Don’t make assumptions
These days it’s easy to assume that all students have a certain degree of comfort with technology, but that is not always the case. I had a student who was struggling to follow along in class. One day he asked a question, and as I began to answer he said “wait! I can’t see you!” and so I said, “no big deal, pin me.” That’s when we discovered he was using Zoom in browser mode, not the Zoom app, which limited his functionality. Now that he has the software, he’s able to participate more fully – and I know to check in with my students to make sure they are aware of the most appropriate and updated systems.
Maintain class norms
Whether you’re learning from home or school, you’re expected to raise your hand, wait to be called on, and behave appropriately and attentively. It’s not uncommon for a student at home to start talking, not realizing that their peer at school is already talking – so hand-raising is more important than ever. I do ask that all of my students have their cameras on during instructional time – seeing their faces helps me read whether they are engaged and understanding the material. Certainly, students can chat me or tell me in advance if there’s some reason they need their camera off…an extension of the same courtesies we show each other in person.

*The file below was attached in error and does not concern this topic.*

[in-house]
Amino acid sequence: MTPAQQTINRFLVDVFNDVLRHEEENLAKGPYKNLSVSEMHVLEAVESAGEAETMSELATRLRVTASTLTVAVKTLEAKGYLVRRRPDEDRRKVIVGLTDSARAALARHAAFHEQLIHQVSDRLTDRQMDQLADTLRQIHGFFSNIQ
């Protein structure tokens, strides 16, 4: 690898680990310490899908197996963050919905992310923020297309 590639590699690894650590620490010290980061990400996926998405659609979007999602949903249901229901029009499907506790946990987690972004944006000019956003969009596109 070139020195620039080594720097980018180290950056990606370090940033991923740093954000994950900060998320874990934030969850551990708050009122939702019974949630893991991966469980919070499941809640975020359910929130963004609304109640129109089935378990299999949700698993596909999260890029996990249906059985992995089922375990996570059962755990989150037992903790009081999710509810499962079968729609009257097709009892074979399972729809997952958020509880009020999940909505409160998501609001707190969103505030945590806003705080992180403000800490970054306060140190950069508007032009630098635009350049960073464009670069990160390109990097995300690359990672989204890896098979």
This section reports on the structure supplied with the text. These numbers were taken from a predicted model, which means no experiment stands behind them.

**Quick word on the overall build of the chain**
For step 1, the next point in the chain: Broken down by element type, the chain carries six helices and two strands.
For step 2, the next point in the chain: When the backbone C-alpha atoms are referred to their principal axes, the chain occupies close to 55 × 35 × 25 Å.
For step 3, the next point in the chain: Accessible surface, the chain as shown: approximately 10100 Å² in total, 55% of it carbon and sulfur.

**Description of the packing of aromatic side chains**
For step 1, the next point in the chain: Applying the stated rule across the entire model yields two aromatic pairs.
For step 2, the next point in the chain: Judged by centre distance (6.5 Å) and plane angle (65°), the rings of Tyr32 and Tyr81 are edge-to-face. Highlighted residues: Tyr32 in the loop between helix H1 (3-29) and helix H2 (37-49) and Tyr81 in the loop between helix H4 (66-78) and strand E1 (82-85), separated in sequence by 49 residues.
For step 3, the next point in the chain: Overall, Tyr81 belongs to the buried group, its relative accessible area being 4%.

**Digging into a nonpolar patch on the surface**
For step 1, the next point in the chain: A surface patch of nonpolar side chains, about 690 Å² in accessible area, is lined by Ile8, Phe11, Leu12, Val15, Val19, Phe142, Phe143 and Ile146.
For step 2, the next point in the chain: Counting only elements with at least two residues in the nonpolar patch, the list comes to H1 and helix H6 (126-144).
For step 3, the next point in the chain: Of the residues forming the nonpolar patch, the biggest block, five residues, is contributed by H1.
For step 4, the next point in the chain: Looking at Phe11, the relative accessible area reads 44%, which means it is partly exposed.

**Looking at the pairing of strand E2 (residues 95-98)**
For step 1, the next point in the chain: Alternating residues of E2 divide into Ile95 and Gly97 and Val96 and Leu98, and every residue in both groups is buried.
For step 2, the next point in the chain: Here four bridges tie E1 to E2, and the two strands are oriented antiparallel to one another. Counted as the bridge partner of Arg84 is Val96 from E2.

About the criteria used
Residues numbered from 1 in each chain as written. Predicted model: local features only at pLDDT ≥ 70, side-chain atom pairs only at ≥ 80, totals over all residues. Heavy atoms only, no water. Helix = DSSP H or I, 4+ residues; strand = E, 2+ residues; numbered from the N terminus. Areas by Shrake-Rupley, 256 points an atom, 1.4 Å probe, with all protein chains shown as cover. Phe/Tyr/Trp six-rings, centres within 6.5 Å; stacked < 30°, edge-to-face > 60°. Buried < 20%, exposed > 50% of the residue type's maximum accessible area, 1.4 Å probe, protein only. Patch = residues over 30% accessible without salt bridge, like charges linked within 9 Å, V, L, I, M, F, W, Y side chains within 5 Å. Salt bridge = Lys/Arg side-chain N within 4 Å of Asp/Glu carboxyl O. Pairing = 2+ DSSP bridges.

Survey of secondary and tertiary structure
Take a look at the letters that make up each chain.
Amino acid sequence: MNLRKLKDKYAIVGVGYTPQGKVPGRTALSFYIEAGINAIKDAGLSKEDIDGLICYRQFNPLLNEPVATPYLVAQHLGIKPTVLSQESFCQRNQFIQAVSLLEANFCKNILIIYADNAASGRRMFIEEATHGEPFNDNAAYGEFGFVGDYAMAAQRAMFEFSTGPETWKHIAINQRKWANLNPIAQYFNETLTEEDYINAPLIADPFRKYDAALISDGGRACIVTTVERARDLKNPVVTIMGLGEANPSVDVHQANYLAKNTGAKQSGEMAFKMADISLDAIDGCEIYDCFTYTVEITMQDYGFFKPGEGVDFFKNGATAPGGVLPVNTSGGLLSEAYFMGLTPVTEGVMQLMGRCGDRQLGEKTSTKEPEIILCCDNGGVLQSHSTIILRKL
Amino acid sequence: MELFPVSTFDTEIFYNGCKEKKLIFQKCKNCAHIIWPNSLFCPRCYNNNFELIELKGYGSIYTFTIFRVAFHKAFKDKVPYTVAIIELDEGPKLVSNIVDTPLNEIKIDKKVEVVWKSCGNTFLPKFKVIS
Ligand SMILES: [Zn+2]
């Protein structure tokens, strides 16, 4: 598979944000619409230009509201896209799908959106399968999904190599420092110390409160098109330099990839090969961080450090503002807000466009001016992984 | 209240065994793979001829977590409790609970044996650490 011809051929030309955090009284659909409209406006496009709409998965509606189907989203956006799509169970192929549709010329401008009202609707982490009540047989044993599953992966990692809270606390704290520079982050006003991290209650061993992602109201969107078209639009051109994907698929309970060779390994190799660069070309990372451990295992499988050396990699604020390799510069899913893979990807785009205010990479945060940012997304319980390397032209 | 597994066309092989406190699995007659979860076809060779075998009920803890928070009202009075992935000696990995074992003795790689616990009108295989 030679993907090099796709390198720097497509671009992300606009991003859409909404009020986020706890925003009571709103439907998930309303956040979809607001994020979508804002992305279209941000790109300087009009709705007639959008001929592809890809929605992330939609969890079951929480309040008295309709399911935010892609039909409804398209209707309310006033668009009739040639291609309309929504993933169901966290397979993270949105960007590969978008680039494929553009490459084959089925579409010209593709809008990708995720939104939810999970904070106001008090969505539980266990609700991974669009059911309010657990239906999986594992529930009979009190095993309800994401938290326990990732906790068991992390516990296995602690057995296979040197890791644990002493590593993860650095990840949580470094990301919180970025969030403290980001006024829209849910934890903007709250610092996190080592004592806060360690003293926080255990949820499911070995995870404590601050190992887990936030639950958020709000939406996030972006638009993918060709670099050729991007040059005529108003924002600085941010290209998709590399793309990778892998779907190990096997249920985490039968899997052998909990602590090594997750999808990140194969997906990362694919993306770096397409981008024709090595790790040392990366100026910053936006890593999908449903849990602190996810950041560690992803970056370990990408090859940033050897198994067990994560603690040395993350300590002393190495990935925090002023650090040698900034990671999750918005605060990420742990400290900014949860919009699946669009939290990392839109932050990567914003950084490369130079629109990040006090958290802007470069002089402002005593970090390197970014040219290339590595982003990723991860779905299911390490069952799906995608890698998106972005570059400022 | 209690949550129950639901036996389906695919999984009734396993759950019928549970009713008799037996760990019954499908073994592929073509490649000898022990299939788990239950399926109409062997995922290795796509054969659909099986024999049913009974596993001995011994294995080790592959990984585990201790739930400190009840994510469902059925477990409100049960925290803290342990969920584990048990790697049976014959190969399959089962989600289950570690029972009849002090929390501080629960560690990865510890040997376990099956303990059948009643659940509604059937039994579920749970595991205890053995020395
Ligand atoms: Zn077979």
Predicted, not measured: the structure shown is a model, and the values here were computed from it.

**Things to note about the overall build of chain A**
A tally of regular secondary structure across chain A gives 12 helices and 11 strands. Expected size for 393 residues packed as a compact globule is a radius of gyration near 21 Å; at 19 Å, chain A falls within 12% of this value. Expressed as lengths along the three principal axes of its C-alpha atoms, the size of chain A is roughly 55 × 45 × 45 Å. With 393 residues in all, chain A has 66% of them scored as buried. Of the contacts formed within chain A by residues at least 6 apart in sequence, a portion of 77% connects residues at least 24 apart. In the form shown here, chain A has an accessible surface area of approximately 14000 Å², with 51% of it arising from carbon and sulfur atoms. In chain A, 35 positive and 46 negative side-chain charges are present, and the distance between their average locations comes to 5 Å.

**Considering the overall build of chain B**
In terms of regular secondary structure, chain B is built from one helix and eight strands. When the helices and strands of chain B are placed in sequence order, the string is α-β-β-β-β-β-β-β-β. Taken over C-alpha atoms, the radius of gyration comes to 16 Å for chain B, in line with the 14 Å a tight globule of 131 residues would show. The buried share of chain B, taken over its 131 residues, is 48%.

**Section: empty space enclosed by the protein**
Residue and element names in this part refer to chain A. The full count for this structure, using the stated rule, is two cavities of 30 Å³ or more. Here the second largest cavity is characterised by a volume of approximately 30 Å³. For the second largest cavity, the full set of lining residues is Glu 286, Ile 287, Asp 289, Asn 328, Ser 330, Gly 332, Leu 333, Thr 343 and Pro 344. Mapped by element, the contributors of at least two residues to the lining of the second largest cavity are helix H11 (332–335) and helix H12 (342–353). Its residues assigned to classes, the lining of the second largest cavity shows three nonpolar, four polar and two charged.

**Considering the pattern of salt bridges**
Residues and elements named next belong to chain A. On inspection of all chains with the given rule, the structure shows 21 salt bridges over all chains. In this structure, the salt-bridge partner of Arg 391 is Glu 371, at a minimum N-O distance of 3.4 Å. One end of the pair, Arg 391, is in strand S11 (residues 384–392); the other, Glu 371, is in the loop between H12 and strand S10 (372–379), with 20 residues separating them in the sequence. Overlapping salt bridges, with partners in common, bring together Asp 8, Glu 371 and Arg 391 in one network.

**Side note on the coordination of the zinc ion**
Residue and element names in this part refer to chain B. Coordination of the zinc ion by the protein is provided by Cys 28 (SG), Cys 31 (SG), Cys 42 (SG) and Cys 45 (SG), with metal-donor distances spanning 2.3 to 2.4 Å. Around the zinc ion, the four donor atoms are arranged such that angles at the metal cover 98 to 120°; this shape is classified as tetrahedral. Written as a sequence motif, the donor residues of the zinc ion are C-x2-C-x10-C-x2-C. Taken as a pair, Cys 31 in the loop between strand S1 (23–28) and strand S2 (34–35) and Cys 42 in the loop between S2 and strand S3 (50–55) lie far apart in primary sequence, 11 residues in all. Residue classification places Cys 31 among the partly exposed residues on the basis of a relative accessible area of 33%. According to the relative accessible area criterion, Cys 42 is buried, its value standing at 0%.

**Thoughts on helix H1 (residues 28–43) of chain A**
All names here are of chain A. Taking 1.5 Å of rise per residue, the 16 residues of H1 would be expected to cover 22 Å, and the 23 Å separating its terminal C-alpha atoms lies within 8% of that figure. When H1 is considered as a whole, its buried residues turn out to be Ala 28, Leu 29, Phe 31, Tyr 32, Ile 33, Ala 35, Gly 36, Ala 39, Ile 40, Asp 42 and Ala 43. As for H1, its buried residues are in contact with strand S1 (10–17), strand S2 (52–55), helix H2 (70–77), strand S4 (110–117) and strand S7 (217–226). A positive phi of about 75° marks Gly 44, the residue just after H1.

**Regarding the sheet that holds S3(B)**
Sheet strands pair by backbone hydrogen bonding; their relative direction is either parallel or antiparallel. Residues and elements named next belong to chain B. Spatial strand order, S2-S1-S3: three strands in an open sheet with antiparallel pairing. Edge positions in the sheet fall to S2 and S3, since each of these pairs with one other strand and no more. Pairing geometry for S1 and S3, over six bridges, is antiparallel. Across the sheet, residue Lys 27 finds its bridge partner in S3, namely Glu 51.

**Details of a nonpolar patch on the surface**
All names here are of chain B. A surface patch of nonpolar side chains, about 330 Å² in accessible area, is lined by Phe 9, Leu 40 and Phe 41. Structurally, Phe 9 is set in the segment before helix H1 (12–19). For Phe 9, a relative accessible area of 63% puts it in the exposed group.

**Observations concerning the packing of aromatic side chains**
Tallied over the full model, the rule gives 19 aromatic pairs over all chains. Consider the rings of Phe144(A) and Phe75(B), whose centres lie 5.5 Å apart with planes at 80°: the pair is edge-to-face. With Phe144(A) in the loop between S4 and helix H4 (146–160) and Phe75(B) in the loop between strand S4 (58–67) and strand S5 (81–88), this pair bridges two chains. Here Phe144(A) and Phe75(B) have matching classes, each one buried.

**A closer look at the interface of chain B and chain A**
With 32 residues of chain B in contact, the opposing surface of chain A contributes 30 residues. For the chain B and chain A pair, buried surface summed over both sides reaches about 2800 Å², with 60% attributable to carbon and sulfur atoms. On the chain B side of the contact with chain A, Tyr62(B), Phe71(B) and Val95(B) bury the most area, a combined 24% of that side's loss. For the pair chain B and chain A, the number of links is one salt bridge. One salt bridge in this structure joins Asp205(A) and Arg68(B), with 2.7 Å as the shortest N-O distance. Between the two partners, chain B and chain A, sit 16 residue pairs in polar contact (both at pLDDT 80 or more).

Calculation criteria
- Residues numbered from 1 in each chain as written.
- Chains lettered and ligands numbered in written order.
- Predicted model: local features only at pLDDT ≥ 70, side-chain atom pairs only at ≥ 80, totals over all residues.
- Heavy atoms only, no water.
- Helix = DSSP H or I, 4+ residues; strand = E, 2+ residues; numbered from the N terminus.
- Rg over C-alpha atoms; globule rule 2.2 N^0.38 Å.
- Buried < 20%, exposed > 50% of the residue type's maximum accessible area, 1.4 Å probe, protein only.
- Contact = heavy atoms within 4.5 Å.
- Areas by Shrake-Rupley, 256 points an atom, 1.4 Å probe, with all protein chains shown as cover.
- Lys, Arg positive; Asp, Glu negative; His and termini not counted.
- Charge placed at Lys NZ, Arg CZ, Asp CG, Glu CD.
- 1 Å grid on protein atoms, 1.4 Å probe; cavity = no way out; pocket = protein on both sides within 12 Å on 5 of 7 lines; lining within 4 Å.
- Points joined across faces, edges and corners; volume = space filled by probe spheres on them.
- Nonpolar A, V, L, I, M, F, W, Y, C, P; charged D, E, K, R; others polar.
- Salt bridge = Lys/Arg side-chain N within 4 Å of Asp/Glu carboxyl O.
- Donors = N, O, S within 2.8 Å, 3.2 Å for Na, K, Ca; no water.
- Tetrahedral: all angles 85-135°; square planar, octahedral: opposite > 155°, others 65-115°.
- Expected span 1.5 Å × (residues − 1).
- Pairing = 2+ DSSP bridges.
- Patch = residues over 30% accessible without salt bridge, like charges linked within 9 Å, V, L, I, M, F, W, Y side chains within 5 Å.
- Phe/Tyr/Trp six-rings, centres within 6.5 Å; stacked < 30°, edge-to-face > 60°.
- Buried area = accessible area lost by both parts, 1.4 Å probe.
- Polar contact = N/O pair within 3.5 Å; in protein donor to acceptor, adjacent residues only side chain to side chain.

Adapt and appreciate the hybrid model
While this “new normal” has created new challenges, in many ways it is still what it’s always been. I’m still meeting my students where they are – now that includes location! – and having my classroom resources at the ready creates a more authentic experience. I have found ways to incorporate the many visuals I use in math support, and to use the classroom as a frame of reference for students learning from home on a given day (“you know on that wall we have…that’s what you need to reference”).
Hybrid learning has taken a lot of getting used to, and every day is a new adventure but, as a teacher, I’m challenged and inspired to keep perfecting the process and to persevere through the challenges as they arise. It’s a work in progress – but aren’t we all?